Nest Yale Lock review: A great smart lock if you've already bought into Nest

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The Good The Nest x Yale Lock looks good and works with Nest to lock the door when you're away, disarm your Nest Secure alarm system and manage up to 20 passcodes.

The Bad There aren't any ZigBee, Z-Wave or iM1 (HomeKit) modules to add this lock to your smart home. The Nest integrations are underwhelming, and there aren't any voice control capabilities yet.

The Bottom Line If you love Nest products (and especially if you own the Nest Secure alarm system) the Nest x Yale smart lock is a good bet. If you're after voice control or more flexible smart-home hub integration, look elsewhere.

7.2 Overall
  • Features 6
  • Usability 7
  • Design 8
  • Performance 8

A few years back, the tease of a Nest and Yale smart lock began with the promise of the Linus lock. That project never made it to market, and the two companies regrouped for the Nest x Yale Lock. Specifically designed to work with the Nest line of products, the Nest x Yale Lock is designed to do things like disarm your Nest Secure ($399 at Walmart) system when you unlock the door and lock the door when Nest detects you're away.

The $249 lock is a collaborative effort between Nest and Yale, not to mention Nest's first foray into smart locks. Add it to the long list of other Nest products: the new Nest Hello ($150 at Best Buy) doorbell, Nest Secure alarm system, Nest thermostats and Nest cameras, and there's now an entire smart home product suite under one brand. With Yale's solid line of smart-lock hardware and the software pedigree of Nest, this lock is ideal for anyone who's already bought into the Nest ecosystem.


The Nest x Yale Lock keeps the sleek style of Yale's other keyless touchscreen deadbolts.

Chris Monroe/CNET

Compatibility and installation

The Nest x Yale Lock replaces your existing deadbolt. Like the Yale Assure SL Touchscreen Deadbolt we tested last year, the Nest x Yale Lock keeps Yale's keyless smart-lock styling and comes in polished brass, oil-rubbed bronze or satin nickel. Also like other Yale models, it comes with detailed printed instructions and a helpful app called Bilt to walk you through the installation process.

It's important to be sure your door is compatible before you buy any lock. With the Nest x Yale Lock, most wood, metal and fiberglass doors will be fine. However, the lock isn't intended for sliding doors, glass doors, Mortise locks or multipoint locks. The backset of your door also matters. This is the distance between the edge of your door and the center of the hole for your deadbolt. If your deadbolt is more than 2.75 inches away from the edge of your door, it isn't compatible with this lock.

Read more: Google is replacing Works with Nest with Works with Google Assistant and it could make your smart home worse.  

The installation process was pretty straightforward and very much like installing any other smart lock. Attach the front plate of the lock, connect its cable to the receptor on the interior piece of the lock, install that piece and insert the batteries. You'll hear a welcome message from the speaker on the side of the lock, followed by a prompt to enter a master code. You'll also calibrate the door by closing it while unlocked, allowing the deadbolt to test its motorized locking. If your door takes a little shove or some force to close completely, you may have issues installing a new lock.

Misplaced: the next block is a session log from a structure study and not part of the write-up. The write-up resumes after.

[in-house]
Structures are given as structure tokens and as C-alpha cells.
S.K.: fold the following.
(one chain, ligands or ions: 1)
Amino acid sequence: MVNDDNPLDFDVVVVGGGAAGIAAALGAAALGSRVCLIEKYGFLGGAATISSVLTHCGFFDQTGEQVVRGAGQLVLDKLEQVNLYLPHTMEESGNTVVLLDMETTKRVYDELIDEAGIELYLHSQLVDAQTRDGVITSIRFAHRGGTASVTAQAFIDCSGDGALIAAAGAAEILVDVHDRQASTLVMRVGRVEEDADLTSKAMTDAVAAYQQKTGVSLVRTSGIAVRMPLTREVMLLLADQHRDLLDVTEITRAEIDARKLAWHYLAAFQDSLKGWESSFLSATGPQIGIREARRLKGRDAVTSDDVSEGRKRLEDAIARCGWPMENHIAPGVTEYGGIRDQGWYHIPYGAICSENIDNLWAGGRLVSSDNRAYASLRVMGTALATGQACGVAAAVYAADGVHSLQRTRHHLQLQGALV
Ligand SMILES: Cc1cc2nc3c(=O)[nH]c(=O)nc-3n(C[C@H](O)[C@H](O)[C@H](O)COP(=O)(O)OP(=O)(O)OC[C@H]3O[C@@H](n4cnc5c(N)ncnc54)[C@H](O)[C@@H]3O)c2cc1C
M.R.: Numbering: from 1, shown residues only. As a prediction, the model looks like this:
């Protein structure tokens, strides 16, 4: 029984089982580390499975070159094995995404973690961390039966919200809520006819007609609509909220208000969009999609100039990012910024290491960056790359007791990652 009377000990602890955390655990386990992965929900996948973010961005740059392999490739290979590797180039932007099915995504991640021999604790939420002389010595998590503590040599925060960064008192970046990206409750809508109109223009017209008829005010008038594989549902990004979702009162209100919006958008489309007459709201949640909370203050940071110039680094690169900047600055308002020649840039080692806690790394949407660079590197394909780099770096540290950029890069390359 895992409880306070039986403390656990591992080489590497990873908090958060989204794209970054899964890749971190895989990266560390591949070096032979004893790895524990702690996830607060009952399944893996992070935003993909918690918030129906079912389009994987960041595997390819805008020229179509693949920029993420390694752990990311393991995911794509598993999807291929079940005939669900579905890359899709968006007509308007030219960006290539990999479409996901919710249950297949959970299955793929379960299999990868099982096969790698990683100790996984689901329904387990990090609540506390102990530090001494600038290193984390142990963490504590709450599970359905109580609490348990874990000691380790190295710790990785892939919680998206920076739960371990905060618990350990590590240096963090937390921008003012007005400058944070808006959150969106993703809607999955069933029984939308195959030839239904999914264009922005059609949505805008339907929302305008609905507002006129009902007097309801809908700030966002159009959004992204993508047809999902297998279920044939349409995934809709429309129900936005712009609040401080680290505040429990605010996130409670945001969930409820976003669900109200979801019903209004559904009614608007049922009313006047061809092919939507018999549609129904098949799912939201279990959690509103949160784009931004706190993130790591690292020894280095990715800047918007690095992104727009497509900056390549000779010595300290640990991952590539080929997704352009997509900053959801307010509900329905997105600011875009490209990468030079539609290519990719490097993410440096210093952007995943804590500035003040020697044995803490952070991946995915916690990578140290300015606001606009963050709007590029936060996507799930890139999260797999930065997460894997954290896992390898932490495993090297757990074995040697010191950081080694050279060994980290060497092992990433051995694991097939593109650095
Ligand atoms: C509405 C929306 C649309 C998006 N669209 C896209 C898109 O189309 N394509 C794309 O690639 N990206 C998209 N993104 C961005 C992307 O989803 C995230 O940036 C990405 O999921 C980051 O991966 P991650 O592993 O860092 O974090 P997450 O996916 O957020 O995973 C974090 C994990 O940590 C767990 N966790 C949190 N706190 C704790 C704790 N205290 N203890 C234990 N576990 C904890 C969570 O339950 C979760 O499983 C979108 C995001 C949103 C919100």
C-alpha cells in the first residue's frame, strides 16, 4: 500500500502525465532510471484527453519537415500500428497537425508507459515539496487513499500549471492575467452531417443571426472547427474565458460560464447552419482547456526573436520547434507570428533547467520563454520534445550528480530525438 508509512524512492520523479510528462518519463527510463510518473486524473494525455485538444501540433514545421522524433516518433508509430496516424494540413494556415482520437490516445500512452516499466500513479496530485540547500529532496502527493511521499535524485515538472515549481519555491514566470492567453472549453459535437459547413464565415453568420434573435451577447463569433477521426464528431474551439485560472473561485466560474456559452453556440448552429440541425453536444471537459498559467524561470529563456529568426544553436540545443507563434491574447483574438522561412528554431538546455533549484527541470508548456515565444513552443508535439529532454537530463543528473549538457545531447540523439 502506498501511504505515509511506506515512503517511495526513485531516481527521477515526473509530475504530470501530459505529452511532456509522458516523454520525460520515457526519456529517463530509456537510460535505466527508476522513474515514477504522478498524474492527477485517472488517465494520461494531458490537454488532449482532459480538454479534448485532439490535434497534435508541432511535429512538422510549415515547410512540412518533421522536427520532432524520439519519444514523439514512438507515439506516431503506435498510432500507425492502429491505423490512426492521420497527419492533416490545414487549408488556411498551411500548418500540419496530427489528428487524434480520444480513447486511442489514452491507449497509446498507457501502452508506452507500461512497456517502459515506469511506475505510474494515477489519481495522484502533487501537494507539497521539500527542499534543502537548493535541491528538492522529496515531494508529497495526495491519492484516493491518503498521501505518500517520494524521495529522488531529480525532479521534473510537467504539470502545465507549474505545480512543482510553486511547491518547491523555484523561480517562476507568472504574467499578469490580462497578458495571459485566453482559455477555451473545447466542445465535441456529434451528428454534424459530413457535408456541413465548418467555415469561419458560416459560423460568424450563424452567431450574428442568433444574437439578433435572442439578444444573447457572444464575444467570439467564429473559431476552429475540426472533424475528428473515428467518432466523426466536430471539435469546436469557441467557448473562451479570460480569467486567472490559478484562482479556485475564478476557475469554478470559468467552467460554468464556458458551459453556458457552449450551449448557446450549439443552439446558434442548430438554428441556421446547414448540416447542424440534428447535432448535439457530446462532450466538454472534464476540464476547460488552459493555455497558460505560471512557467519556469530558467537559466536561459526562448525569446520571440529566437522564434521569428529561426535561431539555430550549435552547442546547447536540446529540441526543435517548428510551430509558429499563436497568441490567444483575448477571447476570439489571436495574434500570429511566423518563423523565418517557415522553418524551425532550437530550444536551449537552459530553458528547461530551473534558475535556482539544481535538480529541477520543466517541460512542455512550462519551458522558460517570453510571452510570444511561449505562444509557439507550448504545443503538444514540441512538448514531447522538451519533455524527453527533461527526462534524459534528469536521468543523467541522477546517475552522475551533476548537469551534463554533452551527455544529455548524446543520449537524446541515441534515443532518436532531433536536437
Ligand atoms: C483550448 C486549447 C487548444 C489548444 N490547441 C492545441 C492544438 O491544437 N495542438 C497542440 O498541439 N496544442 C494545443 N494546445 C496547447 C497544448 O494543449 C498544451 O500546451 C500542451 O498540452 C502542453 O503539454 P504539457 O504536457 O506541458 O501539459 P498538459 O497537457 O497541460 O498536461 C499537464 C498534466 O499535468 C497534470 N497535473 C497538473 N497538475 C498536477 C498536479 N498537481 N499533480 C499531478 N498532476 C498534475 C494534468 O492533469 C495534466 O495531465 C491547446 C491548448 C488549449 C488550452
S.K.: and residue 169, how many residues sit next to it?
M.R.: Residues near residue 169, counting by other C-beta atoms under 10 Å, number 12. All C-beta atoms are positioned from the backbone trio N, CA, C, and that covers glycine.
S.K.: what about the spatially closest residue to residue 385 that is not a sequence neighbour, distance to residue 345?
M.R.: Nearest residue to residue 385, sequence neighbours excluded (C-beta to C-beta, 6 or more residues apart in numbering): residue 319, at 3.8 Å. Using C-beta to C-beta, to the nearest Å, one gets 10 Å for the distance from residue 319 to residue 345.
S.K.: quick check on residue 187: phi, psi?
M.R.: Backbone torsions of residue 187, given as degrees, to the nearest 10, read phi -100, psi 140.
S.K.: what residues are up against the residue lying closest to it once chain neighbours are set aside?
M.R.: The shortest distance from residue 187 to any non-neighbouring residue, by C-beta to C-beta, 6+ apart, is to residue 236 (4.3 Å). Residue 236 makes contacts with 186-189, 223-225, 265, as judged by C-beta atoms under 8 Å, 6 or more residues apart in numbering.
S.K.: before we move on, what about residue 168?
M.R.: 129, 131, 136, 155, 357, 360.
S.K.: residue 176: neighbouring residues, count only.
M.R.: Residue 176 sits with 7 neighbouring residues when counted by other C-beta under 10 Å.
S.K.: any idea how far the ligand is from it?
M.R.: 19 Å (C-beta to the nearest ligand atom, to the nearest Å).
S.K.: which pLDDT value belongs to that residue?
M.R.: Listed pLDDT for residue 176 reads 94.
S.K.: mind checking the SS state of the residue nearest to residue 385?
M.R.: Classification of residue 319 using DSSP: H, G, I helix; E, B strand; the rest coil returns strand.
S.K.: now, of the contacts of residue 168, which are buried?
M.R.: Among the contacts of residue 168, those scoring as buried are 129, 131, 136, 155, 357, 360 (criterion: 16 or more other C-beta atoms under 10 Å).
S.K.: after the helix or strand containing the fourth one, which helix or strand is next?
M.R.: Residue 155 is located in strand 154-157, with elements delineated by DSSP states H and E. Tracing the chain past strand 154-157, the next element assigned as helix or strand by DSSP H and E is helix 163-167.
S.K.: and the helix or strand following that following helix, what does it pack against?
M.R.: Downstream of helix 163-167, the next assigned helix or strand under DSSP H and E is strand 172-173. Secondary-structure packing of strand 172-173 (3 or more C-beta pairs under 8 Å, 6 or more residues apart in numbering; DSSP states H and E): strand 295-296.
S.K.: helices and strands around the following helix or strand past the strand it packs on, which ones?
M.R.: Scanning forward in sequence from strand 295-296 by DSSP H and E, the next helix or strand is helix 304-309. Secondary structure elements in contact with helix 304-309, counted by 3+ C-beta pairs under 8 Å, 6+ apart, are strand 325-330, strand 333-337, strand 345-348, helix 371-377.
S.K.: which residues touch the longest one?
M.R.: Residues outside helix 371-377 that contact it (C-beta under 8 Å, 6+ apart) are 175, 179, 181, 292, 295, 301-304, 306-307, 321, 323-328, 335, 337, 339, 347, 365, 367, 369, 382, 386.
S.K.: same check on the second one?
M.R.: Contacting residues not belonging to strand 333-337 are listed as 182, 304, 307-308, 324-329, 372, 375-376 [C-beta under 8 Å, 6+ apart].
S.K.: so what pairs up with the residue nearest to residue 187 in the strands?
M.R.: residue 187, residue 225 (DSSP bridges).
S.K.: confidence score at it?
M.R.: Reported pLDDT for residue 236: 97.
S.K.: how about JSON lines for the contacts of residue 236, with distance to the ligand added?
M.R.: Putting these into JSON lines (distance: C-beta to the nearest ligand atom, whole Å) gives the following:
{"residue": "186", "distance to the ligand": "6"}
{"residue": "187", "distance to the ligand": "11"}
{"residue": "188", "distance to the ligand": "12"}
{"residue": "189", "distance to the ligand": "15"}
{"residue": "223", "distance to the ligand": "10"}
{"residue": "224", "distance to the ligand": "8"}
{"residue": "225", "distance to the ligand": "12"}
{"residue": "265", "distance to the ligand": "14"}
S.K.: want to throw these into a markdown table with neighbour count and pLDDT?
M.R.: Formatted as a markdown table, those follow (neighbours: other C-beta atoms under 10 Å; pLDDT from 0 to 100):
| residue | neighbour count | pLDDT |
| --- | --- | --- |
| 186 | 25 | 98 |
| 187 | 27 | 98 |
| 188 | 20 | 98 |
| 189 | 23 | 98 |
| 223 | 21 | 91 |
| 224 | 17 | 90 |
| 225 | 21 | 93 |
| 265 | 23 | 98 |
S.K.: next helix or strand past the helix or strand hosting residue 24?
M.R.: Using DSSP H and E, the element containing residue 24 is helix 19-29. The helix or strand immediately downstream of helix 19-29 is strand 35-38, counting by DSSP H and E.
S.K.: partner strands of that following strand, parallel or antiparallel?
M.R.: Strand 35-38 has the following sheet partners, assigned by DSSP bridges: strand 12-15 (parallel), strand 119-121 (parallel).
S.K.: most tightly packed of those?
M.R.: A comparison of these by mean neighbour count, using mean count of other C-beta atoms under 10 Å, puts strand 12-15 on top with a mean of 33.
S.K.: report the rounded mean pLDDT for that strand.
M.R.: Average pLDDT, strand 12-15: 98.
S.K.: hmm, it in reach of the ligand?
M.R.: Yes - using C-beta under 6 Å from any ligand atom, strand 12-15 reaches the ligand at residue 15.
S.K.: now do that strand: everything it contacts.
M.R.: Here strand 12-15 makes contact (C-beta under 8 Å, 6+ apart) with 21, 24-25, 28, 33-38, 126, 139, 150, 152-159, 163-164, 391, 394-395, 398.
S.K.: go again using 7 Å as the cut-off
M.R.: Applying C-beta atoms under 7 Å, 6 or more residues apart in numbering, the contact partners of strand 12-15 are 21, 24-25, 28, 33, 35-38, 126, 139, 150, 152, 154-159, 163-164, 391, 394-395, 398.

I'd recommend addressing any door hinge or frame issues prior to lock installation. Once the master code and calibration are complete, you'll follow instructions in the Nest app to connect it to your existing Nest products.

Customization options for this lock are nearly identical to the options available in other Yale locks. You can adjust the speaker volume and language, as well as and create and edit passcode settings from the keypad itself or through the Nest app. There's also an autorelock option you can enable from the keypad or the app. 

Battery alerts


A pair of 9V battery terminals allow emergency access if standard batteries die. 

Chris Monroe/CNET

The Nest x Yale Lock uses four standard AA alkaline batteries. When batteries begin to get low, the Nest app sends an alert. A red, low battery light will also display on the lock's keypad, as well as an audible alert when using the keypad.

If you ignore those initial warnings (like most of us do), you'll be notified again when your batteries are critically low. If your batteries do die, the lock includes terminals on the bottom where you can connect a 9V alkaline battery for emergency access. You can then enter your passcode and unlock the door.

Nest technology

The Nest x Yale Lock doesn't connect directly to Wi-Fi. Instead, it uses Weave, Nest's technology for wireless smart home communication. The Nest Connect or Nest Guard units connect to your Wi-Fi network, allowing your lock to communicate with the Nest service in the cloud and the Nest app on your iOS or Android device. That means you'll need either a Nest Connect module for Wi-Fi connectivity or a Nest Guard (the Nest Secure system keypad) for remote access to your lock.

Using an additional module such as the Nest Connect to enable remote access is pretty common among smart-lock makers. Both Kwikset and August have their own versions.

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